Category Archives: Religion and Spirituality

Christians on High Horses

HHsA recent comment by the U.S. president led me to wonder:  What’s the difference between a modern ISIS terrorist and a Christian Crusader from 1000 years ago or an Inquisition interrogator from 500 years ago, from the point of view of their victims?

The answer: not much.

Now what’s the difference between those two above and a modern Christian, whose faith has spent the last 500 years ridding itself of crusades and inquisitions, whose faith has undergone massive social and cultural reformations when the Age of Enlightenment contributed to the secularization of European democracies and the founding of the secular democracy of the United States, events which liberated Christianity from being a tool of the State, a liberation that allowed Christianity to completely restructure itself from a political force at the command of kings to a growing and still-emerging body of Christ who take their inspiration from the actual teachings of Jesus – how would modern Christianity compare to the Dark Ages church that was more a political force than a spiritual one?

The difference would be something like the mother of Coptic Christian brothers who were beheaded by ISIS expressing her forgiveness for her son’s murderers and hoping for their killers’ salvation; it would be calls for prayer rather than calls for revenge in response to the persecution of Christians in many parts of the world, it would be the universal condemnation by the Christian community of hate and provocation that occasionally arises among them by those claiming to act in the name of Christ.

Christianity remains at or near the top of the worlds fastest growing religions, and it has successfully transformed itself into one of the world’s more pacifistic and also among the most generous of religions for global foreign aid.  Much has changed since the days the president was referring to. That Christianity existed in another time, another place, for an entirely different purpose and with a polar opposite reason for existence than the Christianity we know today.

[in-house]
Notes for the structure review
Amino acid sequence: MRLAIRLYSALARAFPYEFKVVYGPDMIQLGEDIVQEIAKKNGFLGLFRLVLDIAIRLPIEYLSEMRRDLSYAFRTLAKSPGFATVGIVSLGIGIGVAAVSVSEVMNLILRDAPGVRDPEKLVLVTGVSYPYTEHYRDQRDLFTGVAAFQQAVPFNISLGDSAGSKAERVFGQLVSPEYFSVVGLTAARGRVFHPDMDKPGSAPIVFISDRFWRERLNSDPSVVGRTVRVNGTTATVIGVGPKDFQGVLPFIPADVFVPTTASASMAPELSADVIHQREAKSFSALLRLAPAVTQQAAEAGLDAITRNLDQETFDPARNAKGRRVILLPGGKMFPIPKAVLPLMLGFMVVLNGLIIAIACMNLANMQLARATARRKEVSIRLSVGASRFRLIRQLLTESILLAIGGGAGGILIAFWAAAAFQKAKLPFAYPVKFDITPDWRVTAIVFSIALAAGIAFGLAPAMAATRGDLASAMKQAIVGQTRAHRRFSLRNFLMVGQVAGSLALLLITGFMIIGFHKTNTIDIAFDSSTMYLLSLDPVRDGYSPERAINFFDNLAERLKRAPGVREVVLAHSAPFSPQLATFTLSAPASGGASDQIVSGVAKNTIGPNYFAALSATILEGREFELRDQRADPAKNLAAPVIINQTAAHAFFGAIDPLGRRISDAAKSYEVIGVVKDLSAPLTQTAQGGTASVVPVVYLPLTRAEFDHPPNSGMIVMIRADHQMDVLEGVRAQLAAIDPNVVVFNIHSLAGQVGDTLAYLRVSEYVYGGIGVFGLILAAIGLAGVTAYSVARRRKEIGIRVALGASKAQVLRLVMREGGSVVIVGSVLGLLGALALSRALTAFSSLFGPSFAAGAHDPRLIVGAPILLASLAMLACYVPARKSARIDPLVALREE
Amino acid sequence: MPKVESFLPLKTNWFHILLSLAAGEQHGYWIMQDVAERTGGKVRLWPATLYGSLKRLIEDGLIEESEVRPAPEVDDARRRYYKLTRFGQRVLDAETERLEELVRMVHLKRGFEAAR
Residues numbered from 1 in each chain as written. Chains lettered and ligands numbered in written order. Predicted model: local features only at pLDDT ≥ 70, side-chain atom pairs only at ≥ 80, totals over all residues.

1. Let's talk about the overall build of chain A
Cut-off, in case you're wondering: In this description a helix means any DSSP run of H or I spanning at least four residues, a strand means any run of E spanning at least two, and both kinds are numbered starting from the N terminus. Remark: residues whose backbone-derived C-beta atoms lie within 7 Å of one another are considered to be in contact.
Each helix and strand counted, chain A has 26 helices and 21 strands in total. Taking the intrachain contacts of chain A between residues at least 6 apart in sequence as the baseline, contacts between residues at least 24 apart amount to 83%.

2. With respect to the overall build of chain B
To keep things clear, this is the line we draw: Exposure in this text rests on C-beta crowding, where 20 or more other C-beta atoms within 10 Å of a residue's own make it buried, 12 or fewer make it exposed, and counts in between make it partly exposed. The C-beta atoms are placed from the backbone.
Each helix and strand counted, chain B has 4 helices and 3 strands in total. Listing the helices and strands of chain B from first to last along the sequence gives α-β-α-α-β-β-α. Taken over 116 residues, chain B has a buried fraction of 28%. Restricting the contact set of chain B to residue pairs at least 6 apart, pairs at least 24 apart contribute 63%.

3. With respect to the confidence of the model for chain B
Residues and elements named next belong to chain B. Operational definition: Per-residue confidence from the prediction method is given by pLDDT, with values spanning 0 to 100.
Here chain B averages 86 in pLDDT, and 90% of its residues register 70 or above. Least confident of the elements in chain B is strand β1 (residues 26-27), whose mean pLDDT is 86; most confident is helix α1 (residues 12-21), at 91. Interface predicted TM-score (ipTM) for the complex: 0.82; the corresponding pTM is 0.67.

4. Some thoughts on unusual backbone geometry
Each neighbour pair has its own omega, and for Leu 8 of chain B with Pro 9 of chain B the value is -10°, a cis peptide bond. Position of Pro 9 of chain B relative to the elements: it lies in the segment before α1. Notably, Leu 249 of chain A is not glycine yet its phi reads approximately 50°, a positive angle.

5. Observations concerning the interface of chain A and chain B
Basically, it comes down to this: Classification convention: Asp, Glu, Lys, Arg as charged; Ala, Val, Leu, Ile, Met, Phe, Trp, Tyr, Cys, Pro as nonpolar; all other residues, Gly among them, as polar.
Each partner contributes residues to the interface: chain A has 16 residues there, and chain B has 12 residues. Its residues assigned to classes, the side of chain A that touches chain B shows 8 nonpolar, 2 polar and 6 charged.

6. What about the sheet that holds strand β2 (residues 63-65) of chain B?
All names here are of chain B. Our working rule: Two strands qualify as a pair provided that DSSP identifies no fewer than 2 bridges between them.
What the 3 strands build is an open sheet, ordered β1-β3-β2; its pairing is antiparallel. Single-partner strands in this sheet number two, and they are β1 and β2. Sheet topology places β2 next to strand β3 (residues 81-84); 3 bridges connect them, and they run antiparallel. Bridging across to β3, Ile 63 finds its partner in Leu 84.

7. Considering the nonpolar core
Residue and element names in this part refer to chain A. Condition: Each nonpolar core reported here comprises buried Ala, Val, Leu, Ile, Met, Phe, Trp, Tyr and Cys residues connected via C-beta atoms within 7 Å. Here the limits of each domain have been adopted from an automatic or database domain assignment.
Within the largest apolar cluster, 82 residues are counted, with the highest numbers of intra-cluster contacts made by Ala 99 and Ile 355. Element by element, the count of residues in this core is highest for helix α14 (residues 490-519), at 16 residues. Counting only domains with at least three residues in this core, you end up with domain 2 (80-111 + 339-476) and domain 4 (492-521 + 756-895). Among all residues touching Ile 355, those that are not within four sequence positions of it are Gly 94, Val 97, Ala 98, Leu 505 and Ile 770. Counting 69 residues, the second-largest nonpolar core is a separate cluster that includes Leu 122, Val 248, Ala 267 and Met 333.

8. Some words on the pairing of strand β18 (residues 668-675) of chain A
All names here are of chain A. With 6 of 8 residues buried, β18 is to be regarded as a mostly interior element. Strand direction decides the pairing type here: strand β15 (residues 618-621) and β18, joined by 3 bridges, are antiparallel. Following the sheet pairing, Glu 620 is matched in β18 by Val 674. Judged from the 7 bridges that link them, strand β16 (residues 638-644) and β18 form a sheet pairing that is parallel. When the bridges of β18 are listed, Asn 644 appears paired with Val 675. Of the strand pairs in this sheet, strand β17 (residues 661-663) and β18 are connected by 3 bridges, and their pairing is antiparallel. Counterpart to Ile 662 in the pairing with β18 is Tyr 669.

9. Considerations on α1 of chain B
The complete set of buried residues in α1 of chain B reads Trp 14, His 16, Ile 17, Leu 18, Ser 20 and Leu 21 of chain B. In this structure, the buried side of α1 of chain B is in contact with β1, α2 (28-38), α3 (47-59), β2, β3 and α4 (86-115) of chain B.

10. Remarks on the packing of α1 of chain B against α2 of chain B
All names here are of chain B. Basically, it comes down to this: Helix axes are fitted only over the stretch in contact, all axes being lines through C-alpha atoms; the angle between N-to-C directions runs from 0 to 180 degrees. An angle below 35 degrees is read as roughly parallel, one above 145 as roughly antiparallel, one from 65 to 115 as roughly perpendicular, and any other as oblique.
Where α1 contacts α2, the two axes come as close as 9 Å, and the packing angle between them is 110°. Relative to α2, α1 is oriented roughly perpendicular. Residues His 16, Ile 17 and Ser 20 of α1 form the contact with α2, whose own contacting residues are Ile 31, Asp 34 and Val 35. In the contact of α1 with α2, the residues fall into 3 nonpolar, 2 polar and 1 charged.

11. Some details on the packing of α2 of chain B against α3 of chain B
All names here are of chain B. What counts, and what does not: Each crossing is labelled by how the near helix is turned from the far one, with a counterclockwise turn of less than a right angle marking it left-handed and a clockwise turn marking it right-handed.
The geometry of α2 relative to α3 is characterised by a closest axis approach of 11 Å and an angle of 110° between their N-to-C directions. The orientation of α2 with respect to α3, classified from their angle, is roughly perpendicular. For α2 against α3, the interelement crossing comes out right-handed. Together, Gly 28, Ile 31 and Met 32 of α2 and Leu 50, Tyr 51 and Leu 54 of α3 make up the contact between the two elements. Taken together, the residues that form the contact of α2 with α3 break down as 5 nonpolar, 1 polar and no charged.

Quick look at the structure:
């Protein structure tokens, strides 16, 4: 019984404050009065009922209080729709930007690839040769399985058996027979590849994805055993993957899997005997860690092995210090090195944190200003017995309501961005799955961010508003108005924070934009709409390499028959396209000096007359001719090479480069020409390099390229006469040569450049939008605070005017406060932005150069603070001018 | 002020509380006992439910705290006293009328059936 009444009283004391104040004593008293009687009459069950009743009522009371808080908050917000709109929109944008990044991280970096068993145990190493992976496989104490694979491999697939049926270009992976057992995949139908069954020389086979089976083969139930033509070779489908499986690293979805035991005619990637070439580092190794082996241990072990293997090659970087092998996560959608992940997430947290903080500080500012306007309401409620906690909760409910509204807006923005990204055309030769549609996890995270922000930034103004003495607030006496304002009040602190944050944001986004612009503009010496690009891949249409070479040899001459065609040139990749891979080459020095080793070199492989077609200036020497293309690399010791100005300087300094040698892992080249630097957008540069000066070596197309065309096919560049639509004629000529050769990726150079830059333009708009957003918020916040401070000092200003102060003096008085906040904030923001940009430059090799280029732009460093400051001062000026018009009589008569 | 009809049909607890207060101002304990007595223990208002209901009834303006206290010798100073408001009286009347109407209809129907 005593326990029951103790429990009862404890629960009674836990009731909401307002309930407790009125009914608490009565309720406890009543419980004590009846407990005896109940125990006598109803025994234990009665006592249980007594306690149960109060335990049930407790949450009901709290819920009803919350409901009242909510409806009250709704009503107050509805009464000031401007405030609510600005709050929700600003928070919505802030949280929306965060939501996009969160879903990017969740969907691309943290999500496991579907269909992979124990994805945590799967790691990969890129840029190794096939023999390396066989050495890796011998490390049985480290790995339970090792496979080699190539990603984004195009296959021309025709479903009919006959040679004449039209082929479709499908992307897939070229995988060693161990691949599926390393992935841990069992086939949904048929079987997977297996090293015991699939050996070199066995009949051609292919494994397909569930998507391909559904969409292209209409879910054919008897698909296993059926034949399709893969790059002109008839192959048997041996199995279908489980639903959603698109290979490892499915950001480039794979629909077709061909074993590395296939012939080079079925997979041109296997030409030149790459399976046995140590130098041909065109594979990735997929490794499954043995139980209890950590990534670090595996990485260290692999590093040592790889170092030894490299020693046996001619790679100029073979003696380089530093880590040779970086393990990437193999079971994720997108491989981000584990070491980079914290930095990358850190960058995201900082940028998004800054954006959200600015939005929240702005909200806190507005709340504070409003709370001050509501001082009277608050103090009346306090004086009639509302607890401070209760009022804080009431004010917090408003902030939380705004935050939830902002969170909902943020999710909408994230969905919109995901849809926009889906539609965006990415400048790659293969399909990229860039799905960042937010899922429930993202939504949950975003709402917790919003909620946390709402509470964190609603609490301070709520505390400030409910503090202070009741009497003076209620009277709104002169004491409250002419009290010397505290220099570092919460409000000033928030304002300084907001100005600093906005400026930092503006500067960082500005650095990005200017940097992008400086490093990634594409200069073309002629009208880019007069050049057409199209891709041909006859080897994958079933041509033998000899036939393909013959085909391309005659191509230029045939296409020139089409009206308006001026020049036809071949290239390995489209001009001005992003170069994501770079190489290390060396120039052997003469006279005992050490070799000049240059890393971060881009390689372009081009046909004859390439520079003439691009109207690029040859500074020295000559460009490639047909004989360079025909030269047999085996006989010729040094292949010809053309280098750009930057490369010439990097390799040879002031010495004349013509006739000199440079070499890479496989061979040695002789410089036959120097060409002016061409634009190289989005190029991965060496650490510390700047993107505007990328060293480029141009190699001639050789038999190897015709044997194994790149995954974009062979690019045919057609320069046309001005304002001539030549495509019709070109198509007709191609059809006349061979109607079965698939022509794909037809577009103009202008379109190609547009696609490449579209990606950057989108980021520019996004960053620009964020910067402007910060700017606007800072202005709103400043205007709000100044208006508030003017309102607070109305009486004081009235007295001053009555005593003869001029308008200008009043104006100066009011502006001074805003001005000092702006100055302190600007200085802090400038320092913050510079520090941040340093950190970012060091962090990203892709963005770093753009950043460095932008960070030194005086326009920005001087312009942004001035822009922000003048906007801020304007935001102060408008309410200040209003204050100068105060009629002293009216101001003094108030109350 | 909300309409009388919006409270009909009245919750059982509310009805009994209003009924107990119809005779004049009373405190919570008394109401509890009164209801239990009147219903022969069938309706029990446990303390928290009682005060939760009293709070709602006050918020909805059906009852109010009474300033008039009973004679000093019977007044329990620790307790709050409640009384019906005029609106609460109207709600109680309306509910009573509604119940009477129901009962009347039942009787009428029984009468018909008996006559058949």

So I don’t know if protesting the violent slaughter of those who will not convert to the perpetrators’ religion means that Christians are on a high horse of some kind.  I believe that everyone is protesting these acts of violence regardless of their spiritual tradition, and I believe that most reasonable people also accept the perpetrators’ own stated rationale for committing those acts.

Clearly the president is as horrified by this violence as everyone else is.  But the comment about being on a high horse about it made no sense at all to me, and I find that I cannot resist a brief response.

Spirituality vs Religion: Seekers and Dwellers At the End of the Road

SeekersDwellers

Back in 2003 a paper was published that examined the effects of two different kinds of spirituality on psychosocial functioning in old age. The study, Religiousness, spirituality, and psychosocial functioning in late adulthood: Findings from a longitudinal study (link accesses the pdf), used life course data from a longitudinal research project done by the Institute of Human Development at the University of California, Berkely.  The results reflected a few things that seem intuitively obvious, but found other things that some might find surprising.

The types of spiritual experience they measured were what they termed “dwellers” and “seekers”.  From the paper:

Religious dwellers tend to accept traditional forms of religious authority; they inhabit a space created for them by established religious institutions and relate to the sacred through prayer and communal worship.

By contrast, for spritual seekers individual autonomy takes precedence over external authority and the hold of tradition-centered religious doctrines.  Spiritual seekers are explorers who create their own space by typically borrowing elements from various religious and mythical traditions, and they frequently blend participation in institutionalized Western religion with Eastern practices.

…What differentiates dwellers and seekers is not the seriousness of effort to incorporate the sacred in their lives but their relation to religious authority and tradition.

Much is known about Dwellers.  They have better intergenerational family interactions, large supportive social networks, and are much more likely than others to engage in voluntary  community caregiving activies.

By contrast little is known about the late life psychological functioning of Seekers.  Some sociologists, and not just dweller sociologists, have hypothesized that the self-referential emphasis of spiritual seekers is evidence of “excessively narcissistic self-absorption” that may in fact undermine the community obligations promoted by institutionalized religions.

Fortunately for those of us who live in both worlds, that turned out not to be the case.  What emerged instead was something positive for both groups, something that hints at fertile ground for future research now that exploration of alternative spiritual lifestyles has become more common in Western culture.

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